The source of modern day Tarot cards is misunderstood by the majority of people. The urban legend is that the images and text on the decks can be traced all the way back to Egyptian times or were started by gypsies. Most research concludes that tarot cards can be traced back to the same origins as our traditional deck of playing cards (suits of hearts, diamonds, spades, clubs) with which we are all familiar.
The first versions of our modern playing cards were popular in Islamic countries before being introduced to Europe in the 14th century. These Islamic versions of the cards had suits of sticks, cups, coins, and swords. Then in the 15th century French card-makers changed the suits to diamonds, hearts, spades and clubs.
Tarot decks still use the original suits brought from Islamic countries. The earliest deck of tarot cards was painted by hand and created for the Duke of Milan around 1440. Other wealthy individuals in Italy commissioned their own decks of cards and used them in a popular card game similar to our modern version of bridge.
In the 18th century tarot cards evolved from being used in a simple card game. A number of well knows scholars on the occult became fascinated with the images on the cards. These scholars created (made up) a connection between the cards and mystical systems like alchemy, the Jewish Kabbalah, Hermetic philosophy and others.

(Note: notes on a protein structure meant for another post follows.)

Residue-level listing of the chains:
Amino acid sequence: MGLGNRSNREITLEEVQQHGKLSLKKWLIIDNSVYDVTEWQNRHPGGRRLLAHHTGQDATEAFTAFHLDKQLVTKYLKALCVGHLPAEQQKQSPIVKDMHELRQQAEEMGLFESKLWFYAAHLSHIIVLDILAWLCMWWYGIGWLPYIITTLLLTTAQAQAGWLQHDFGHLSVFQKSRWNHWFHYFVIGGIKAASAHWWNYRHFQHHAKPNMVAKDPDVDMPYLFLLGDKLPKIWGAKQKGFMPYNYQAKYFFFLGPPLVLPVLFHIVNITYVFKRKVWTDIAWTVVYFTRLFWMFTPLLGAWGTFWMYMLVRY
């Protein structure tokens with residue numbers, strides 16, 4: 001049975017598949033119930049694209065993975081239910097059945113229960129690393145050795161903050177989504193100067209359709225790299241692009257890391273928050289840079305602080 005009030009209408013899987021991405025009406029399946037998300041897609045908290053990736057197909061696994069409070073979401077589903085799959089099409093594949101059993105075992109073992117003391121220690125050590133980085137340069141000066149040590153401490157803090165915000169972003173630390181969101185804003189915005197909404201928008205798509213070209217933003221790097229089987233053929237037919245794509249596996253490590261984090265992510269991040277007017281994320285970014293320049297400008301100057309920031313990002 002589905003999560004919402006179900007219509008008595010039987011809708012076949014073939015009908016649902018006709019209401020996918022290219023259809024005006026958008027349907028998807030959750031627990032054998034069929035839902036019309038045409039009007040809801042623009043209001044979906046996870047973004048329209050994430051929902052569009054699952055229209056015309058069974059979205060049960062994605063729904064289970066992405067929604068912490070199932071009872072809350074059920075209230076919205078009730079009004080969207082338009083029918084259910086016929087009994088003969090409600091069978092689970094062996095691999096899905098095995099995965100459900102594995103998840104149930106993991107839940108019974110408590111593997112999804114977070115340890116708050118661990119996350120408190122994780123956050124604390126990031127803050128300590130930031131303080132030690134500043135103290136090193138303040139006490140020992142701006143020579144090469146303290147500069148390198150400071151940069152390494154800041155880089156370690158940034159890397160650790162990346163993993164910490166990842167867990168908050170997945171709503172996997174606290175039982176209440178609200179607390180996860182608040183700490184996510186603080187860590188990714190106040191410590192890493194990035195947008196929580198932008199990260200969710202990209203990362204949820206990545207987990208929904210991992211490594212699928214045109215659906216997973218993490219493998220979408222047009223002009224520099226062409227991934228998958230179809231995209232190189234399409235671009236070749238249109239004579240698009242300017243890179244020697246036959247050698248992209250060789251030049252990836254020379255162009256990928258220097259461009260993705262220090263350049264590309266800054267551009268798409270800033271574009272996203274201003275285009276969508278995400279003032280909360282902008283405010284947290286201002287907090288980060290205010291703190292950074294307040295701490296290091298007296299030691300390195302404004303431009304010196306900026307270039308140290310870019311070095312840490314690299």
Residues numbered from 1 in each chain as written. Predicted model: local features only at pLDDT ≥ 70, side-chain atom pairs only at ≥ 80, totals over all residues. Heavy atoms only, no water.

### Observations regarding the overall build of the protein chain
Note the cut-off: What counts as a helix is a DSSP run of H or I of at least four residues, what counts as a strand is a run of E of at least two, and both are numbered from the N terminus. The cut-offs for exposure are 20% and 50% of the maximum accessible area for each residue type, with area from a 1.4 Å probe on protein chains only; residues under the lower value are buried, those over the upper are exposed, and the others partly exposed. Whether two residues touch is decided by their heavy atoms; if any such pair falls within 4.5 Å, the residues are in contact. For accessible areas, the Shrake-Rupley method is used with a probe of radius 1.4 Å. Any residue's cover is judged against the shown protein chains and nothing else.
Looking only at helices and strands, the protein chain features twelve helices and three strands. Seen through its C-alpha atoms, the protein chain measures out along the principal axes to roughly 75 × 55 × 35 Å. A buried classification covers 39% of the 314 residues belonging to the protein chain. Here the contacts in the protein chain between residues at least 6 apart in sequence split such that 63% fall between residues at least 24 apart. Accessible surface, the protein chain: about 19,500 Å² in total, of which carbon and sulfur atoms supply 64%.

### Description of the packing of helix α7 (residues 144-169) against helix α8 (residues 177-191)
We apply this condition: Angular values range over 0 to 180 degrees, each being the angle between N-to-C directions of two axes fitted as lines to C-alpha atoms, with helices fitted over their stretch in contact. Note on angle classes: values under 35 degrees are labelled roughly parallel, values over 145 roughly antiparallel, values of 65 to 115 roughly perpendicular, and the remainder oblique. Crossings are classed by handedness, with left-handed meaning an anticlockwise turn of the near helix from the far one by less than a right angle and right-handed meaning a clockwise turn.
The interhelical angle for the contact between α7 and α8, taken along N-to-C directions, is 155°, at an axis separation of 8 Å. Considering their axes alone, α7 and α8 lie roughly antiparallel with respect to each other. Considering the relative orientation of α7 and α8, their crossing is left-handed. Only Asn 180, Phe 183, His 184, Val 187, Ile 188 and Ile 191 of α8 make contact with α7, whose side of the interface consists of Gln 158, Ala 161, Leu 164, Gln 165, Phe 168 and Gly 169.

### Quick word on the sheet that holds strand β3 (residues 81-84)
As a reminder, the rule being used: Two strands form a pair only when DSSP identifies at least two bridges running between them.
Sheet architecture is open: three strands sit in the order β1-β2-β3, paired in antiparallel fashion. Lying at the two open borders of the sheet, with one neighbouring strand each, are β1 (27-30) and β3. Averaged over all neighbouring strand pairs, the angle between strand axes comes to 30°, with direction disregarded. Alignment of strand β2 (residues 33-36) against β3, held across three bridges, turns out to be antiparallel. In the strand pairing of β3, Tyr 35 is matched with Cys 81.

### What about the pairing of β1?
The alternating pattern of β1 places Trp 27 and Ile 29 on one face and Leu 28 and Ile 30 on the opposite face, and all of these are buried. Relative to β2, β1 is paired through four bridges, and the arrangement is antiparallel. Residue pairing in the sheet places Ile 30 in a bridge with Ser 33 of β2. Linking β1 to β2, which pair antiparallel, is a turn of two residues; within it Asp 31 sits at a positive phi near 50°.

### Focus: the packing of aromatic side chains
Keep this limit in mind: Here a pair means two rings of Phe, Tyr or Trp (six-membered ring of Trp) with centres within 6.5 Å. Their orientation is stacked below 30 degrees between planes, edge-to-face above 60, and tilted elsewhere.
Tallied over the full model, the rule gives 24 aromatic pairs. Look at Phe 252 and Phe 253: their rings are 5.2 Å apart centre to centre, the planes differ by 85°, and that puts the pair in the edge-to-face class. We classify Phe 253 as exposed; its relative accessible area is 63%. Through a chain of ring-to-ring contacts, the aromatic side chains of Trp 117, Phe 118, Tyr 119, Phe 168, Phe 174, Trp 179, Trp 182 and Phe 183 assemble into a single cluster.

For example, an amateur scholar Antoine Court de Gebelin wrote that the pictures on tarot cards originated from Egyptian hieroglyphics. This fantasy was proved wrong but not before the idea was accepted by the masses of people. Secret occult societies continued to make use of tarot cards, in their practices, well into the early twentieth century.
The modern popular use of tarot cards started in the 19th century. At that time divination (gaining insight into a question or situation) became a popular form of spiritualism. Tarot cards were incorporated into these divination practices.
Today there is every conceivable style and theme of tarot cards available. The most popular modern day version of the Tarot deck was created in 1909. The academic and mystic A.E. Waite instructed Pamela Smith on how to create the illustrations. The cards were published by the Rider Company. The deck goes by many names like “Waite-Smith” or “the Rider deck”.